Word(s) of the week: types of fog

I am pairing two weather-related words from two different places. The first is:

pogonip (noun). According to dictionary.com, it comes from a Shoshone word which refers to an ice fog that forms in the mountain valleys in Western USA. Being a “flatlander” in the Midwest, I of course had never heard of this term. I like the sound of it, though, especially the “nip” – when that fog comes in, the weather is quite nippy! A pogonip will nip at an exposed nose or ear!

Pogonip covering a mountain valley

The origin of pogonip in the Shoshone language (the Numic language group) is paγɨnappɨh, which means “thunder cloud.” Pogonip became an Americanism – in general use in that region – by 1865.

The pictures above show pogonip crystals.

The Shoshone people come from the Pacific Northwest. They may have several words derived from this root – just as the Inuit have many words for snow.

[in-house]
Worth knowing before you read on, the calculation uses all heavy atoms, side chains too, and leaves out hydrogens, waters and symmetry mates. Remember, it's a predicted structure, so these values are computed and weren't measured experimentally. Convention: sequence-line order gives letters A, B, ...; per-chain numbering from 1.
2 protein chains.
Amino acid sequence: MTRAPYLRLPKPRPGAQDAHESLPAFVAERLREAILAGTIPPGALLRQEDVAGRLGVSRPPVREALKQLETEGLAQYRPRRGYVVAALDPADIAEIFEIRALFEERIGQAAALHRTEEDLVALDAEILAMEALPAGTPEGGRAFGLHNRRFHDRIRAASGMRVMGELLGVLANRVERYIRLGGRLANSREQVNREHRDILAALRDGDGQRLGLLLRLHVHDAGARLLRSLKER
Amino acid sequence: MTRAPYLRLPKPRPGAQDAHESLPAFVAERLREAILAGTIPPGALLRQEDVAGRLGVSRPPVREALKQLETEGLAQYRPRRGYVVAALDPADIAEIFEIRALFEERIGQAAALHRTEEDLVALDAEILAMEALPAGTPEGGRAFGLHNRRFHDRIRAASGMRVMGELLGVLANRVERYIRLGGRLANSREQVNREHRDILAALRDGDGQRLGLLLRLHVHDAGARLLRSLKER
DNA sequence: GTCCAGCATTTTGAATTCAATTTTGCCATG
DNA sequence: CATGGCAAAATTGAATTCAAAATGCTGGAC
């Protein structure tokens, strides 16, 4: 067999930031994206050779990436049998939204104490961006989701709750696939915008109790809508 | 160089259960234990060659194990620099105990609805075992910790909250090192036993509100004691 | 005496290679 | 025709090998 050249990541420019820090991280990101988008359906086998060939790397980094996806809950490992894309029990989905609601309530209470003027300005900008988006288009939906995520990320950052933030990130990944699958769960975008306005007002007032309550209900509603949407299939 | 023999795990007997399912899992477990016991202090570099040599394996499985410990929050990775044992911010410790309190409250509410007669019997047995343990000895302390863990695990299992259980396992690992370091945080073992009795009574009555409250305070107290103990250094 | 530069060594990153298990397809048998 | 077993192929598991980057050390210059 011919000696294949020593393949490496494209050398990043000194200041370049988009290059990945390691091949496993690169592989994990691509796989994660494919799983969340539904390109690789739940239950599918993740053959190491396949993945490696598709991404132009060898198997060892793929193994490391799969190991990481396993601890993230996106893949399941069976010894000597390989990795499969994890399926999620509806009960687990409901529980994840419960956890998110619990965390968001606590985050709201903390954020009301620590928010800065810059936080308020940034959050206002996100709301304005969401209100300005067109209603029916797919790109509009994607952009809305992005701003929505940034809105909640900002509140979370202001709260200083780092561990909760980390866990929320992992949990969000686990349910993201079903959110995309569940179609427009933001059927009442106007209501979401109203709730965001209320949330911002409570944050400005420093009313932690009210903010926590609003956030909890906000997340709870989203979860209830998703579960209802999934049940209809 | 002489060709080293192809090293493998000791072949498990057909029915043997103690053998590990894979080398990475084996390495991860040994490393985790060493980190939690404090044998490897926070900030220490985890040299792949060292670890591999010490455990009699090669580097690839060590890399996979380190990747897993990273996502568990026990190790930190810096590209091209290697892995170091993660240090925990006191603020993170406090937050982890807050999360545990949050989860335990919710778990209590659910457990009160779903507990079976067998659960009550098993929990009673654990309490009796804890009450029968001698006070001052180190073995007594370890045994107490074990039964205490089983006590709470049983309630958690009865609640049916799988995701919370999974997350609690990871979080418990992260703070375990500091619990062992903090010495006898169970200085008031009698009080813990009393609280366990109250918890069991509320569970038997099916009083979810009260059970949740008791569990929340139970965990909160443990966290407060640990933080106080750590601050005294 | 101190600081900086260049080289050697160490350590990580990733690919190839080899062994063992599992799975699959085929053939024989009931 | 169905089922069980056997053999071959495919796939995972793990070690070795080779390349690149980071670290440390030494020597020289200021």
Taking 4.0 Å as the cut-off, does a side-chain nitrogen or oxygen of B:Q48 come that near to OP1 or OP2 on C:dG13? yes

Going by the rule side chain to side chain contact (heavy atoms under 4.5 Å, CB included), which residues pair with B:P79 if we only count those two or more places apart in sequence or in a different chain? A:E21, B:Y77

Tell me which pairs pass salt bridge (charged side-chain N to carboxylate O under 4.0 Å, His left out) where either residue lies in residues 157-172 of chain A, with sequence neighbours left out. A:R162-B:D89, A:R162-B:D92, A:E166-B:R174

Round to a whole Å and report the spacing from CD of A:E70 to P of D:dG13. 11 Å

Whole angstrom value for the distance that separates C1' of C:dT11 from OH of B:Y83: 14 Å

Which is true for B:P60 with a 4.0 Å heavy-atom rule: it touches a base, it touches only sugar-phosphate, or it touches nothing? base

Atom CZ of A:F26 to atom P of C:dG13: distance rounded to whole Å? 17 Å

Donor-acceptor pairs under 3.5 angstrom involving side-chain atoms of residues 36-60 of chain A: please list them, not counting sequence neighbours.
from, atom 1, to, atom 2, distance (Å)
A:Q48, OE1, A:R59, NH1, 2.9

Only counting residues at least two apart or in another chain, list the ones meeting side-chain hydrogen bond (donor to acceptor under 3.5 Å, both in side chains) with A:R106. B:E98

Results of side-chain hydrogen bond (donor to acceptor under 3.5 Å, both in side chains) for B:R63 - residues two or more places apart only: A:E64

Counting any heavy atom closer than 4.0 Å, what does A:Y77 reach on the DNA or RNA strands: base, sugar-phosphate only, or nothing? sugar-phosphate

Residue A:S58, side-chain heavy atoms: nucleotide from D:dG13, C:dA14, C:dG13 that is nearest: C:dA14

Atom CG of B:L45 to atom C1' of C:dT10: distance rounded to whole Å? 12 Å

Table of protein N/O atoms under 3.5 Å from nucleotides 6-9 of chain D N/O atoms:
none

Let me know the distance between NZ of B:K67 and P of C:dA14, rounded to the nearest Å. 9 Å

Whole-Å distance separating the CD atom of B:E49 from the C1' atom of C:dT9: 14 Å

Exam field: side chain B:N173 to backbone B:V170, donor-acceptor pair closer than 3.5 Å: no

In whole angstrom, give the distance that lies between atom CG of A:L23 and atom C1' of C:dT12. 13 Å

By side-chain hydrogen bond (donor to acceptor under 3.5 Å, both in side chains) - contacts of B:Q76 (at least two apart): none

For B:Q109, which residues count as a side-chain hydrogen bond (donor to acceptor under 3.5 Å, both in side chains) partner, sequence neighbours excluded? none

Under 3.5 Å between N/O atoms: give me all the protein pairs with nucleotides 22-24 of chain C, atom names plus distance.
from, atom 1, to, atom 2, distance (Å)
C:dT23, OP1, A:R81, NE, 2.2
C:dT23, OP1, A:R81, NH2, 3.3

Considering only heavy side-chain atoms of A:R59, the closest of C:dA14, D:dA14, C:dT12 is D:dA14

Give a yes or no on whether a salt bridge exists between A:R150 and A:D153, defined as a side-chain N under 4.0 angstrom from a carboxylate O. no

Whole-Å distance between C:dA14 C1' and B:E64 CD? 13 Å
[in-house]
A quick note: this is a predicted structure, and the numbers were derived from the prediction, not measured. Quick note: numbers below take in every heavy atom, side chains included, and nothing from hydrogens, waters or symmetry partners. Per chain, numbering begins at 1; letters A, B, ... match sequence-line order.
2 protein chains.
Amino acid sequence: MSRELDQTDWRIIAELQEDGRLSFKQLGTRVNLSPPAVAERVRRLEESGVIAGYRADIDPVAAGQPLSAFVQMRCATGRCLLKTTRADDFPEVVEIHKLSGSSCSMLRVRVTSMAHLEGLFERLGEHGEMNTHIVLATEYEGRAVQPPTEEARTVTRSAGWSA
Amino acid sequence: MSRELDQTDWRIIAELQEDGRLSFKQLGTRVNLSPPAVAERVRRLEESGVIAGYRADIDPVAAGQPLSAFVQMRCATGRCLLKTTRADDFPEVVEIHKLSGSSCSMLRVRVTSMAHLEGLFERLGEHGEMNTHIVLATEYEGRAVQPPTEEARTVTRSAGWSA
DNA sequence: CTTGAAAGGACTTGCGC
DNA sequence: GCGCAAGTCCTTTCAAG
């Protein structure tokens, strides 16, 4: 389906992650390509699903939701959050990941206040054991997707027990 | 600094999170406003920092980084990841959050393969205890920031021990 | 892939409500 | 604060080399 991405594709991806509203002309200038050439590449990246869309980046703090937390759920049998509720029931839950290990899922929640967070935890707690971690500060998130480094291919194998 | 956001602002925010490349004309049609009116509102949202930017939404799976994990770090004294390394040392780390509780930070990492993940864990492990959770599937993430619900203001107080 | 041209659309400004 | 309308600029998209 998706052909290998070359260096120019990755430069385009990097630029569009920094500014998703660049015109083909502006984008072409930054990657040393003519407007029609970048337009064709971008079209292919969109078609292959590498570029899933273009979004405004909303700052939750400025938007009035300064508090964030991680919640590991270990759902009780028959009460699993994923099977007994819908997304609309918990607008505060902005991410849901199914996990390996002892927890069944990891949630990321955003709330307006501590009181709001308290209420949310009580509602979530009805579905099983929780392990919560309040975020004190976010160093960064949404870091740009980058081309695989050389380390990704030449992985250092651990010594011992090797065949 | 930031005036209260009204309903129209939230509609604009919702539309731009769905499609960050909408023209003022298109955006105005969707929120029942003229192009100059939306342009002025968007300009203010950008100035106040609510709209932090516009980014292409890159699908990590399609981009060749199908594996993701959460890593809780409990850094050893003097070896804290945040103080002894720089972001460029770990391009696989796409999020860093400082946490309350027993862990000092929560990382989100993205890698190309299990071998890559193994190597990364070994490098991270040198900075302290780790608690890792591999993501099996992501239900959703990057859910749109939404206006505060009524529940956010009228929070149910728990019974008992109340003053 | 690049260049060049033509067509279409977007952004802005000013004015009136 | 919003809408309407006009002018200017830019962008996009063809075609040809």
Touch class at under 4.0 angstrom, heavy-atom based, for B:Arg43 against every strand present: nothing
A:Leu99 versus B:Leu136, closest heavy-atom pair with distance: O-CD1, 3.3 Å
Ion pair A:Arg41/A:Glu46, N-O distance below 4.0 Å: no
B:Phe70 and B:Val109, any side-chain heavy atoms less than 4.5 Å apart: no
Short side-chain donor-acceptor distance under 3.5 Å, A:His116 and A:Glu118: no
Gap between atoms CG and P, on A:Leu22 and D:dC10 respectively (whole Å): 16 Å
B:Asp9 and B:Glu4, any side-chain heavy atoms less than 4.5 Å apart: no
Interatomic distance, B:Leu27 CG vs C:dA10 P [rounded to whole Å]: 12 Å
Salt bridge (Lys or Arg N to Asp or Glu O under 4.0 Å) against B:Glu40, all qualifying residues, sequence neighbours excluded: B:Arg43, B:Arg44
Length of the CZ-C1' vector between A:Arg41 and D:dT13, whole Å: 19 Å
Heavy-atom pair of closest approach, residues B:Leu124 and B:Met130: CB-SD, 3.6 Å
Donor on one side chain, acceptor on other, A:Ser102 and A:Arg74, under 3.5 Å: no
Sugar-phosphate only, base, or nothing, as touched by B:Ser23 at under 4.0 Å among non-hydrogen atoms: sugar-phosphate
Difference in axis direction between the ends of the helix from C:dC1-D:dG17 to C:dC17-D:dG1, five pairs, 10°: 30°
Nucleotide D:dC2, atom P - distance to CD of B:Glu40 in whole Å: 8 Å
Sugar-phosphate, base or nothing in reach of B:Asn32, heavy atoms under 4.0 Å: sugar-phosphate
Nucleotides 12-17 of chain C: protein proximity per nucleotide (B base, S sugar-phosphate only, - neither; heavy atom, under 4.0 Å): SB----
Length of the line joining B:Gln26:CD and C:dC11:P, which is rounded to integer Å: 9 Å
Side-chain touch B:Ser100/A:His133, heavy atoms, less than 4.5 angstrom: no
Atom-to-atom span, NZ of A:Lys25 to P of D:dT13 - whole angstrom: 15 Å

Crossing the Atlantic, another fog-related word comes from  eastern Scotland and Northeastern England.  A thick, white fog that comes onto land from the seacoast is called haar. It usually happens on the east coast of the British Isles between April and September, according to Wikipedia. The warm air comes into contact with the cold North Sea, causing the air to condense and creating the fog, which can spread several miles inland. This causes a substantial drop in temperature.

Haar covering half of the rail bridge over the Firth of Forth, Scotland
haar in Edinburgh
Haar descends on the city of Edinburgh.

The web site dictionary.com, dates this word to the late 1600s. It is a variant of the word “hoar.” Perhaps if we close our eyes and listen to what this fog sounds like, it might resemble haar– like a exhalation of air. This is, of course, pure speculation, since I have never seen – or heard – this fog.

The origin of haar may be Low German/Middle Dutch “hare”.

Here’s an especially dramatic picture of the haar:





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